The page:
I don’t think I’ve said it yet on this blog – I love space. I love the moon. I am envious that people have walked on it and that I never will, but I also know I would probably never choose to enter space of my own accord. I like oxygen too much. I have to content myself with photographs and text when it comes to space.
I’ve gone through and found a few photos of my foray into photographing the moon, and thought I’d enlighten you, my reader, on the the changes I have undertaken in this pursuit.
This is one of my first attempts. Overexposed and bleh, but we all have to start somewhere. This was taken in the January 2014, when I was first getting into photography. I was reading up mostly about stars at that time and didn’t understand the exposure triangle. If I was to take this shot again, my base settings would be f/11, 1/125, ISO 100 and then I’d adjust from there.
This was taken in October 2014, around the time of an eclipse and is a lot better on the exposure front. The main problem with this photograph is the obviously soft focus. I now use a smaller aperture for a wider depth of field and I like to manually focus on the moon, as I don’t feel like my camera ever got a nice auto-focus (though some people suggest their camera would).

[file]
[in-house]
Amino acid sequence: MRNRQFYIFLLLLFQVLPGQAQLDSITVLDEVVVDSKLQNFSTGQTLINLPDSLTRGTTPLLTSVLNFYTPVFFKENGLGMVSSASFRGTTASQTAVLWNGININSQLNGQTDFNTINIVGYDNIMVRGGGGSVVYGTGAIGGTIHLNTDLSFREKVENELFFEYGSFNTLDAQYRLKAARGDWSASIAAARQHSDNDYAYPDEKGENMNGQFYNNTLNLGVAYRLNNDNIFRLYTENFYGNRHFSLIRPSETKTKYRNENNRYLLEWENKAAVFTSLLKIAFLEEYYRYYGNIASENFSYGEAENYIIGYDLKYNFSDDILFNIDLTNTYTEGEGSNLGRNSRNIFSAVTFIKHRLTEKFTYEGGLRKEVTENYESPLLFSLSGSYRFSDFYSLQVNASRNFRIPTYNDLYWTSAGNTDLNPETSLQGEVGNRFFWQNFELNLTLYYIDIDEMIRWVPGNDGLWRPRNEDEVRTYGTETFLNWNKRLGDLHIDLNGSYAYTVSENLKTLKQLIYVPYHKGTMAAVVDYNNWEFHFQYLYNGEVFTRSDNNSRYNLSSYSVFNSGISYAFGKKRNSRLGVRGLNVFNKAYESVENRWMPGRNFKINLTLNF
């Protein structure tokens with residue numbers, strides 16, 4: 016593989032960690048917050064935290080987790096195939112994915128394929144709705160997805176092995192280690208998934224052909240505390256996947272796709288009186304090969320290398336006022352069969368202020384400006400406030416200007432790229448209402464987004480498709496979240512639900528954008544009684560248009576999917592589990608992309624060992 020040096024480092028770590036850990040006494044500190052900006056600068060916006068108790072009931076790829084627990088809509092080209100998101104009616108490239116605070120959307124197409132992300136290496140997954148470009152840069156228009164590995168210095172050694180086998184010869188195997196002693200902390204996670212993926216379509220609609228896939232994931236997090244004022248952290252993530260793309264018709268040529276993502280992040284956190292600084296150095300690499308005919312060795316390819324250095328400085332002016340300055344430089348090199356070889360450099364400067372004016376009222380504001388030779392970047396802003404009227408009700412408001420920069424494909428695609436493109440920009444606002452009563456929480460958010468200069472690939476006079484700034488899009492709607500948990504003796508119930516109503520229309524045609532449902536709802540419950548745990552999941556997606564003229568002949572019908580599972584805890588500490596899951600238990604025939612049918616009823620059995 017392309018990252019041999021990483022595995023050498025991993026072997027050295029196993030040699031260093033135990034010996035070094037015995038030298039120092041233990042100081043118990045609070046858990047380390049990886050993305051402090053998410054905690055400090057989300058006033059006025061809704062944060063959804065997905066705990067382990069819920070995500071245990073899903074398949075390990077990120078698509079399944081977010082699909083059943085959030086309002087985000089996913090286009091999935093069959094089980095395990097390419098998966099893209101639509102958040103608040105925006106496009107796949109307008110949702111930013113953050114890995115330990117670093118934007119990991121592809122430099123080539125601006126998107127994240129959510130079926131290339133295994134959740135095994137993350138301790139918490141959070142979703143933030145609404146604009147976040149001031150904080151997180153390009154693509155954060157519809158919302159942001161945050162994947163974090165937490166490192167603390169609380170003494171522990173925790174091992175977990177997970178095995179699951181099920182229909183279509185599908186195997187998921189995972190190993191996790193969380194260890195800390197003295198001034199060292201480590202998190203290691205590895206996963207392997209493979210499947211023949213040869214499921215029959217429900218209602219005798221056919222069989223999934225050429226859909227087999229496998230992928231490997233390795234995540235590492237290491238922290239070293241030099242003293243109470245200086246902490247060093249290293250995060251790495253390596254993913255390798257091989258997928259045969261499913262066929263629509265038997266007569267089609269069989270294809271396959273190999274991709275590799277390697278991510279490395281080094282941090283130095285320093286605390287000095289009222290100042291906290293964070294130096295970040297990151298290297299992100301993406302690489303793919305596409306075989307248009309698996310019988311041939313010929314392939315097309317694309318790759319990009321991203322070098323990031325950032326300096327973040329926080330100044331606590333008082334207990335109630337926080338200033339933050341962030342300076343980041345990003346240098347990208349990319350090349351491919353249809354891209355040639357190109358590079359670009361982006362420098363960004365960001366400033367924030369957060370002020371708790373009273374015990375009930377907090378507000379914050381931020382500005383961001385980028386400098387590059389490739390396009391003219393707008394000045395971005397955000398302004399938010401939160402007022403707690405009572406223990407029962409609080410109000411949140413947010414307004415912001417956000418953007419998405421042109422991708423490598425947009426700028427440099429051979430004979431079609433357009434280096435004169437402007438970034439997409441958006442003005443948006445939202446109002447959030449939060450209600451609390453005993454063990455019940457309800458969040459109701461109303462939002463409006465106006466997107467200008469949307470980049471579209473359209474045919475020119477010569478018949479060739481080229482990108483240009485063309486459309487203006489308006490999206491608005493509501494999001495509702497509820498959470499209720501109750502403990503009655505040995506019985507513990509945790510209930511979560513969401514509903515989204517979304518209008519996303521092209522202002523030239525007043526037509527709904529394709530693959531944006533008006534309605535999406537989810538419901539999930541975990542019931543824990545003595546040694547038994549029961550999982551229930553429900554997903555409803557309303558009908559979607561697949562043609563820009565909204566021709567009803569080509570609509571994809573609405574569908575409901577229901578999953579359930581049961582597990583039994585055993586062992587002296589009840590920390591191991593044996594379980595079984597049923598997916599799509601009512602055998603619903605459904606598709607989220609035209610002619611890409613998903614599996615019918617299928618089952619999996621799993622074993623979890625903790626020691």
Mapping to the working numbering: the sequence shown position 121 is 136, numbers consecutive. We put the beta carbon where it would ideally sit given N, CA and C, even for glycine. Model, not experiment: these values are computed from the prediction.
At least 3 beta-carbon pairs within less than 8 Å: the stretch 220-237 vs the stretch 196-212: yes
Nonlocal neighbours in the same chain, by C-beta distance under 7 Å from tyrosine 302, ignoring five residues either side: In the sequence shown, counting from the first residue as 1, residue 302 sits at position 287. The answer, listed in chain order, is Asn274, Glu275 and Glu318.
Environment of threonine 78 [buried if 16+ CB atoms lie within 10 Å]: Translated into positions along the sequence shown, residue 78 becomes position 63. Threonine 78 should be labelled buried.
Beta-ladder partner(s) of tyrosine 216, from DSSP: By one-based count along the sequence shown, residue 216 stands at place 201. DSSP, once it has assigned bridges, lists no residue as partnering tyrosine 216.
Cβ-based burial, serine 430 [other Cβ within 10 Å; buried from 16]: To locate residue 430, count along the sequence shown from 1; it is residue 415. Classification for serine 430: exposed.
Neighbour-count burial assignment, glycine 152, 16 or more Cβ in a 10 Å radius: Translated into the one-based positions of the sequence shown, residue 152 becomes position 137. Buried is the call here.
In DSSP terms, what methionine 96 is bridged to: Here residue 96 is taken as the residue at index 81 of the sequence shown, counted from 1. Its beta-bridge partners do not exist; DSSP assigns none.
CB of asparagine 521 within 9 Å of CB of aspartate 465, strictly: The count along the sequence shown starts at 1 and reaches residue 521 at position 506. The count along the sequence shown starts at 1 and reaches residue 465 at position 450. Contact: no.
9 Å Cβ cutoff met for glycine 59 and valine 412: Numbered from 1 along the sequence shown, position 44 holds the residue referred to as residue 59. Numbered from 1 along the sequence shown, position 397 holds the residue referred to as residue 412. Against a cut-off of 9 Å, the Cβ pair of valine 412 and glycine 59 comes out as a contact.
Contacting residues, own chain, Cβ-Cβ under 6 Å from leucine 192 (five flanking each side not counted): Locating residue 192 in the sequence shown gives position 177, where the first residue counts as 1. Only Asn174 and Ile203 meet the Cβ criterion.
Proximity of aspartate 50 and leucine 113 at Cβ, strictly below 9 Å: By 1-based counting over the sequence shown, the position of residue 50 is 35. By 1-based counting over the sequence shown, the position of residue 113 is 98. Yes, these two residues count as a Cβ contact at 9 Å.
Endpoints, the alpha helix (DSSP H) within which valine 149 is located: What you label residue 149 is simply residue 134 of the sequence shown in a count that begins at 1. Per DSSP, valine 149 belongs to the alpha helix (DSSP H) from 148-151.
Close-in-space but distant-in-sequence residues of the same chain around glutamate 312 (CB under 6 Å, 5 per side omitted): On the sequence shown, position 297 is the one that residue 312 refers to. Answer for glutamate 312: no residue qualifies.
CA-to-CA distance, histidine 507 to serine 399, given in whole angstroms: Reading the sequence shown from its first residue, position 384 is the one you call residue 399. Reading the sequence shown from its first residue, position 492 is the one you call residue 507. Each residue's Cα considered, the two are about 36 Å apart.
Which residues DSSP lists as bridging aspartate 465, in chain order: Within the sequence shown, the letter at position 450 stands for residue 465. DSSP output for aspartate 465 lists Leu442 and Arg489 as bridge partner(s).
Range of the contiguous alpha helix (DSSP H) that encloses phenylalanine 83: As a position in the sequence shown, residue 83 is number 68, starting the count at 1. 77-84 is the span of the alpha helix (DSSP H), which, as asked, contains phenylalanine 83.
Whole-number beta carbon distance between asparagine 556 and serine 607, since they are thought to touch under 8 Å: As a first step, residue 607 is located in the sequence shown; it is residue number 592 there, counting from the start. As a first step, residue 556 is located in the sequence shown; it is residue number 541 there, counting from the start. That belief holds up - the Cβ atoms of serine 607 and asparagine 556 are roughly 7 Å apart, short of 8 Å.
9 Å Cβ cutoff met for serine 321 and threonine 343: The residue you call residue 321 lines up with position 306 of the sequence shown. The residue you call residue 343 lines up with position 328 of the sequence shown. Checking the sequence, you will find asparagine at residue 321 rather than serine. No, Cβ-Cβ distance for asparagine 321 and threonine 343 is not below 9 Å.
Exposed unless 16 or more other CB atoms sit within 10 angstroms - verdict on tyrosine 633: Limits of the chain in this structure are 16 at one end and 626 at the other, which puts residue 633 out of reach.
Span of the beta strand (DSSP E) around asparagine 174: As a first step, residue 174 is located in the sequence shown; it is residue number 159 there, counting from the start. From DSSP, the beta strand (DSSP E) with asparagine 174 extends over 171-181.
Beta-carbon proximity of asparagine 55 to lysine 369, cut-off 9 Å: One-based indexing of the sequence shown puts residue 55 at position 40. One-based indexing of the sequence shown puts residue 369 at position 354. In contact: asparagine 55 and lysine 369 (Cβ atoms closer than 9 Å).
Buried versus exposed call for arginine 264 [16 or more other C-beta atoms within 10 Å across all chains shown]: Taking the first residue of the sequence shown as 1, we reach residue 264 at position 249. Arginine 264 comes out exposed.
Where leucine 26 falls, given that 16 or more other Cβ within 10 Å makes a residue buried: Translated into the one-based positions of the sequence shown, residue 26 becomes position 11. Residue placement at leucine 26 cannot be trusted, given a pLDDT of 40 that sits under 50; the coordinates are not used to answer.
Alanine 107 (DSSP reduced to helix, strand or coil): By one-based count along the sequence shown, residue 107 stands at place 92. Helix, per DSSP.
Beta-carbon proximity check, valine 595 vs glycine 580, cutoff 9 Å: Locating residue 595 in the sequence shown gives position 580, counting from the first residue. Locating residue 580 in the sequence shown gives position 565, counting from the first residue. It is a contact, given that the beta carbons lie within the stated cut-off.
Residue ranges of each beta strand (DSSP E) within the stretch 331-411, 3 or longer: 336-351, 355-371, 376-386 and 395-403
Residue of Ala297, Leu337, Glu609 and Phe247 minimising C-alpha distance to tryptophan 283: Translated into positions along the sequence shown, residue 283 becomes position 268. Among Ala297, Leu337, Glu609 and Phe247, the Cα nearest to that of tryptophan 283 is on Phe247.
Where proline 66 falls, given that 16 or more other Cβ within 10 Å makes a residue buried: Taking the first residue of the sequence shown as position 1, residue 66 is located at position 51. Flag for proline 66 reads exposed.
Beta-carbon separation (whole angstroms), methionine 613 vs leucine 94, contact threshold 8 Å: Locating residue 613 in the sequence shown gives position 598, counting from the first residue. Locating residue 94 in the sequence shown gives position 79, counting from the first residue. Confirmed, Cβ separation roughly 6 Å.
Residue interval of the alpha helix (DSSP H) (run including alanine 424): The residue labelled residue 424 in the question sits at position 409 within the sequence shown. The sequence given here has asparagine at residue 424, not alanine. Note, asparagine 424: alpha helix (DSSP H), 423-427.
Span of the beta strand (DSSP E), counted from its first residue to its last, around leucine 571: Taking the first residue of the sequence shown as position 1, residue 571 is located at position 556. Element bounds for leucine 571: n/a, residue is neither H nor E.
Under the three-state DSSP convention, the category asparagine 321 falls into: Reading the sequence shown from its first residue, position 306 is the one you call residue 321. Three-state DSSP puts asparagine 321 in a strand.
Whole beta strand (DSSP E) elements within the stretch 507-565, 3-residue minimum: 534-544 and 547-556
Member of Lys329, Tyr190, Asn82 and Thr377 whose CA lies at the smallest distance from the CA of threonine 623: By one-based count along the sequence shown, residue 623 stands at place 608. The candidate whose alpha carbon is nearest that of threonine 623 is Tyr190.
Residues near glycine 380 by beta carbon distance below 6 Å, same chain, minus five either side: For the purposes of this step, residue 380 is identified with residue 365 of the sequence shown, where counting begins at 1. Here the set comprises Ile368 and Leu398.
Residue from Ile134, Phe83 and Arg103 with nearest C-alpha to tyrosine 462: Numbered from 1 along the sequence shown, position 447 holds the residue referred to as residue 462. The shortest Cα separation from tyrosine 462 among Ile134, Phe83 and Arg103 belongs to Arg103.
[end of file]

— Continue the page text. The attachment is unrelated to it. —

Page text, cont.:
I am particularly proud of this photo of the moon. I took this in April 2015 (it was also taken as practice for an eclipse). It is taken with all of the same gear I had since the first image, I’ve just learned to use it better. My settings for this photo were 1/80, f/8, ISO 100. This was taken with a tripod and a cable release.
With this photo I have taken some creative license by giving the moon that golden glow and rotating it.
This photo was reasonably difficult to take. Although taken only a few nights after the previous shot, I learned that an eclipse photographs quite differently. The moon loses all of it’s texture during an eclipse as the light is coming from straight on, so one misses out on all of the nice shadows on the craters and mountains.
Tips for photographing the moon:
- Use a low ISO
- Don’t have a slow shutter! The moon moves pretty quickly
- Close up your aperture as much as you can. You want to retain as much sharpness as possible
- Don’t expect immediate results
- Although it is possible to take hand held photographs of the moon, I prefer a tripod
Check out some more of my Astrophotography on my Facebook page.